Sixthriver Architects is a full service architecture firm and the largest corporate interiors firm in Austin, Texas. The firm strives to demonstrate that inventive and elegant design is achievable, even within strict economic parameters, by respectfully listening and responding to the client’s needs and desires. The company started in 1994 in Austin and has completed a variety of notable projects including the Austin Music Hall, Midtown Medical Office Campus, and Arboretum Park to name a few.
W&C Architect interviewed Jeff Langham, who has been with the company for two years, but designing buildings for 18 years now.
Walls & Ceilings: How many years do you have in the profession?
Langham: I have been working in the profession for 18 years.
Walls & Ceilings: What is your work history in this field?
Langham: After graduation I was able to find a position with Sprinkle Robey Architects, a small design firm in San Antonio, Texas. I was very fortunate to be given the responsibility of managing projects from design through construction administration just a few months after being hired. After 15 very fulfilling years, I moved to Austin. Since moving, I worked for Architecture Plus and I have been with Sixthriver Architects for the last two years.
Walls & Ceilings: Where did you go to school?
Langham: I received a bachelor of architecture from the University of Arizona.
Walls & Ceilings: Did you have a specialization?
Langham: I do not have a specialization but my main function at Sixthriver is Project Architect.
Walls & Ceilings: Do you approach architecture from an artistic or functional starting point? Are the two concepts exclusive?
Langham: Ultimately, I believe our profession should strive to bring beauty to function. Most of us are hired by clients that have functional needs; our fundamental obligation is to create a structure that meets those needs. Our commitment to the larger whole should be that we meet functional needs in an artful manner, whether through expression of space, light, materials, sustainability or in other ways.
Walls & Ceilings: If any, who are your role models?
Langham: My role models are those that make dreams a reality. While still in school I took a trip to the Southern California Institute of Architecture where I had the pleasure of meeting Jay Vanos. At the time, Jay was translating Eric Owen Moss’ poetry into functional architecture. It was Jay’s job to figure out how to actually detail and document these progressive structures. The concept of this role within the profession has become one that I greatly respect. My role models are all considered “an architect’s architect.”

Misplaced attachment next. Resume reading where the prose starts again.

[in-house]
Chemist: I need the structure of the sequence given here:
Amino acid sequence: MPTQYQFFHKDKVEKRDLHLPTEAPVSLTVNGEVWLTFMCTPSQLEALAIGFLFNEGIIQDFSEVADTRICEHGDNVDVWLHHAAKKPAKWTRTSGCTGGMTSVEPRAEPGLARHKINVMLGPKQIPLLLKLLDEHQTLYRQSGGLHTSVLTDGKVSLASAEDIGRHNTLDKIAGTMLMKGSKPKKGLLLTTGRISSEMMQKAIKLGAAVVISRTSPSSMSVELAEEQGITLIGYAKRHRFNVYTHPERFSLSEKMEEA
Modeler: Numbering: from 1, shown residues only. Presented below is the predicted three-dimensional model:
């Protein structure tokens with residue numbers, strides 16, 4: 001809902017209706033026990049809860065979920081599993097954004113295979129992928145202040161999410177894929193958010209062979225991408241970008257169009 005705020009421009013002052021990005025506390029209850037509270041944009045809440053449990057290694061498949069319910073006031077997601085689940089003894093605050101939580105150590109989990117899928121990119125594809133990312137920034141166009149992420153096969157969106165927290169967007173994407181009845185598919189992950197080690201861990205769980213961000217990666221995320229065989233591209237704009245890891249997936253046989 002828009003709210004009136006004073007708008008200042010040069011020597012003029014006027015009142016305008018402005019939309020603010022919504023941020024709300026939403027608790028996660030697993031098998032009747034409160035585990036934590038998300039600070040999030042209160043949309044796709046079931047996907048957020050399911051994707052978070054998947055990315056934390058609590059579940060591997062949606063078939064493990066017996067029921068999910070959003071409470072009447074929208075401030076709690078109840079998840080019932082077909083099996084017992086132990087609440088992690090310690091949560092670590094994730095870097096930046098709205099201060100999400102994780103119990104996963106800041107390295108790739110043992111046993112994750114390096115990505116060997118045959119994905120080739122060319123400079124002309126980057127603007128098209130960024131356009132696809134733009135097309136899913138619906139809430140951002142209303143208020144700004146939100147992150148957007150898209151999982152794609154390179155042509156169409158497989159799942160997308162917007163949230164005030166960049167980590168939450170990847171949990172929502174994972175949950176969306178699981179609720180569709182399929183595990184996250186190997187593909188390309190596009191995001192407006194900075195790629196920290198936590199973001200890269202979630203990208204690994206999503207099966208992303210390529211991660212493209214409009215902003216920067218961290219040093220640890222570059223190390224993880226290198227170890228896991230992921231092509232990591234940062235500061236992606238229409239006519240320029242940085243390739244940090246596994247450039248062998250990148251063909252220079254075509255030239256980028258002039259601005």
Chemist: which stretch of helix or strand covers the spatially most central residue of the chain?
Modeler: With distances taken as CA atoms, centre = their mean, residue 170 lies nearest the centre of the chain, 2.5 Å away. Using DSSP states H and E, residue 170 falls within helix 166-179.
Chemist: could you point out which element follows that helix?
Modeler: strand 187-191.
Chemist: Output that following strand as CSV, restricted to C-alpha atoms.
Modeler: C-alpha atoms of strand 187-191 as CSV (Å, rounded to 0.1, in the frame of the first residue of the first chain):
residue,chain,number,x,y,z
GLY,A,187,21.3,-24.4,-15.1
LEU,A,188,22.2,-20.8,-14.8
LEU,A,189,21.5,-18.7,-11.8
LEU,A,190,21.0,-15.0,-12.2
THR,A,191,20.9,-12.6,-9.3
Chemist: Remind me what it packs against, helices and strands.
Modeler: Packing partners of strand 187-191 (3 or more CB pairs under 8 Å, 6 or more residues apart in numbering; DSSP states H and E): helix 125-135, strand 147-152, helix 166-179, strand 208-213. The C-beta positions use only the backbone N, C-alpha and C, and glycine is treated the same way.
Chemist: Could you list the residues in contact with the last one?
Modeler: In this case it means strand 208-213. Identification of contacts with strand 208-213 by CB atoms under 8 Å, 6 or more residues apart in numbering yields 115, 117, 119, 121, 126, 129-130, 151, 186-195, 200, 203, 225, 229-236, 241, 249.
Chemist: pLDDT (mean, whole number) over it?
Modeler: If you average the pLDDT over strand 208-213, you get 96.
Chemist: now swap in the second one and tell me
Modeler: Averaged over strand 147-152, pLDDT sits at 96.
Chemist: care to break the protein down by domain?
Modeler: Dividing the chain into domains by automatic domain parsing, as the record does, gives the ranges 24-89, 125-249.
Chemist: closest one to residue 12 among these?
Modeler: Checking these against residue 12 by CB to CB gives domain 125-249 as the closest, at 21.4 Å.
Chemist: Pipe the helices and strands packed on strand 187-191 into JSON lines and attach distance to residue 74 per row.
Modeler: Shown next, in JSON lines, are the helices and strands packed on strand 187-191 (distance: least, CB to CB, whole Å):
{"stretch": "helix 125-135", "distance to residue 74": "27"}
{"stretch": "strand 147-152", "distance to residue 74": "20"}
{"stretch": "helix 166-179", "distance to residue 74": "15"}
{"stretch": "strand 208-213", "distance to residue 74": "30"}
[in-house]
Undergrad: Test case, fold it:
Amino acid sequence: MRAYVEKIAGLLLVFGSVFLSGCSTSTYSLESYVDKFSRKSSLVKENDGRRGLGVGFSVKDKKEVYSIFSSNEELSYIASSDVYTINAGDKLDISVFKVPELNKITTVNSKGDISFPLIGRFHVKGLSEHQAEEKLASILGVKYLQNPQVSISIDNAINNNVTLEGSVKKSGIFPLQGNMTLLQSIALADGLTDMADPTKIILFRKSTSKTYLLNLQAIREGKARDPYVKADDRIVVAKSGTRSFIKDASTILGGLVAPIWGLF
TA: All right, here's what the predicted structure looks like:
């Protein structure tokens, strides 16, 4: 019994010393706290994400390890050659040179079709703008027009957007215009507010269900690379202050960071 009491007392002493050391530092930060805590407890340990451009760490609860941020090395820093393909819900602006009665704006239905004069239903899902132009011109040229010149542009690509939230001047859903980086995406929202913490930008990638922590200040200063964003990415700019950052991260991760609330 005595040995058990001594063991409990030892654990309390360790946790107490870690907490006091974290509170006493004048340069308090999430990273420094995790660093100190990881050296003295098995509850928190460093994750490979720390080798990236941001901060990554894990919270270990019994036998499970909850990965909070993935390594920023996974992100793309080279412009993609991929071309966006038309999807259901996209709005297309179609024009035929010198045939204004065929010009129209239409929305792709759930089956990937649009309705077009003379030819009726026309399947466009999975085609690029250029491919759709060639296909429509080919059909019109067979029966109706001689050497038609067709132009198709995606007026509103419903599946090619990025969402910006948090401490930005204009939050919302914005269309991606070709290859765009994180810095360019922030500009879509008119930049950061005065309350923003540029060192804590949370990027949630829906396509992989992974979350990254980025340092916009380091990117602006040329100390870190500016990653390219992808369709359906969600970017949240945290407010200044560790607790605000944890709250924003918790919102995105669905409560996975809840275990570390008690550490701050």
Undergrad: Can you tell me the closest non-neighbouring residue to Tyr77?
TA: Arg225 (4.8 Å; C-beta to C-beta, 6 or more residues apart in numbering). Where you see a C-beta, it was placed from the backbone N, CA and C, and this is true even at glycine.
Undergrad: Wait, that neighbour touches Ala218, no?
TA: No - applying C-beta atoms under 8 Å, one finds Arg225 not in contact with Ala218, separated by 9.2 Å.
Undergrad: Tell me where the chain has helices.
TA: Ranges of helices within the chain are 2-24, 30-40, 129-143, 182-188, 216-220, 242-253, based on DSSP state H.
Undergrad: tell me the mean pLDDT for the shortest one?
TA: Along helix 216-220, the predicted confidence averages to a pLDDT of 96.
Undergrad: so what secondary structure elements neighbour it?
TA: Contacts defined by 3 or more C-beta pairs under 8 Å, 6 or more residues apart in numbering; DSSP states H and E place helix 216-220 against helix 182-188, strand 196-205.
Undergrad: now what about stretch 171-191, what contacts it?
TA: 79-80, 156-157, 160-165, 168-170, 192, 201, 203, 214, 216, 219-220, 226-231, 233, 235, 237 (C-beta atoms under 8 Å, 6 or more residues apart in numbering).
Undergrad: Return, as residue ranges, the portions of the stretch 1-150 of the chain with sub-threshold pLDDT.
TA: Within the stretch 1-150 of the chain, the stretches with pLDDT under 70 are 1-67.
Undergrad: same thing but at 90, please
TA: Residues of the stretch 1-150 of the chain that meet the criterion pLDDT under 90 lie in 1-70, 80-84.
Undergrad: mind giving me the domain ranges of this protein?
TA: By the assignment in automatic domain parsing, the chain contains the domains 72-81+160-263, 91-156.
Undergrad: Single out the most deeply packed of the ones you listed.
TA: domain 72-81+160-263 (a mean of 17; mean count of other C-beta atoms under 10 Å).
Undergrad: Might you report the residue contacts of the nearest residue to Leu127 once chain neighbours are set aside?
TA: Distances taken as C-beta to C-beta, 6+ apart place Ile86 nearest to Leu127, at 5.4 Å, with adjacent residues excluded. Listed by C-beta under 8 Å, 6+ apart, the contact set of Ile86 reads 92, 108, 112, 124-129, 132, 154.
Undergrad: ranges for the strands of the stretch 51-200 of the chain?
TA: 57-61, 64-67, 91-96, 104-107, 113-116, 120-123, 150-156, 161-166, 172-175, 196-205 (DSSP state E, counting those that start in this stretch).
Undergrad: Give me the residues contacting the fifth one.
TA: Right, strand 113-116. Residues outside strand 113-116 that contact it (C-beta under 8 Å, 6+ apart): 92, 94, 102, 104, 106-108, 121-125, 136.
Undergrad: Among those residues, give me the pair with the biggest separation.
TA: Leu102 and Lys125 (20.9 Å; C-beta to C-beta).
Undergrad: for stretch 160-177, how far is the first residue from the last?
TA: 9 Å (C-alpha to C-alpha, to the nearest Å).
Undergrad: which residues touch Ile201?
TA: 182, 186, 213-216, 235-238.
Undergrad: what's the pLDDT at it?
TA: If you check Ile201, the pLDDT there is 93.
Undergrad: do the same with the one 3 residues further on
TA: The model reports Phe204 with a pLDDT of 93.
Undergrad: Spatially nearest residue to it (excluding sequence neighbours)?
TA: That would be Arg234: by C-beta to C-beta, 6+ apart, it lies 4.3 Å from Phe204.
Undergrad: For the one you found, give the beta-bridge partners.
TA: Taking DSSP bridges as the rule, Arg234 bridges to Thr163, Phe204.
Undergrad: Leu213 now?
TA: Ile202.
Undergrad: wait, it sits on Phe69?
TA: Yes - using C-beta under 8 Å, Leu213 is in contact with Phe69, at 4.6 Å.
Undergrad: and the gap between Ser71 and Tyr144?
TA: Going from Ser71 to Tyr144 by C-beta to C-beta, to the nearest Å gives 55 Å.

Walls & Ceilings: What projects, other than your own work, do you find inspiring?
Langham: I’m inspired by any projects that challenge convention and standardization. These are projects where materials and components are composed in a way that expresses their character.
Walls & Ceilings: How many buildings have you designed?
Langham: I have never tried to count how many projects I have completed as a project manager or project architect. Some projects take eight weeks, some take five years. Architecture is created by a team; I would guess that I have played a significant role on well over one hundred project teams in the last 18 years.
Walls & Ceilings: If you had to choose one to represent your work, what project would you choose?
Langham: The project that I would choose to best represent me is the Henry Guerra Branch Library, in San Antonio. On a limited budget, we worked very hard to compose a palette of materials in a simple, contemporary manner. The plan was compact and efficient. Every space in the building—including restrooms and book storage—was filled by natural light.
Walls & Ceilings: What are your guiding principles when designing a structure?
Langham: You have to know the rules before you break them. Distill a problem to its essence and then distill it again.
Walls & Ceilings: If you could have any building to redesign—anywhere in the world—which would you like to address?
Langham: I think we all redesign, in our minds, every building we ever experience. I also know that every project I complete includes five-to-ten things that I would love to have another chance to address. While there are certainly buildings out there that need redesign, the only ones that I dwell on are my own.
Walls & Ceilings: What types of products interest you?
Langham: Products that exhibit craft, allow architects to challenge conventional notions of materials and building elements.
Walls & Ceilings: What types of products in the wall and ceiling industry really interest you?
Langham: I am currently very interested in many of the panelized wood systems. These systems are so versatile in their use for walls and ceilings. They can be used to achieve acoustical goals. The can be used to manipulate light. Their inherent natural finish adds so much to a project.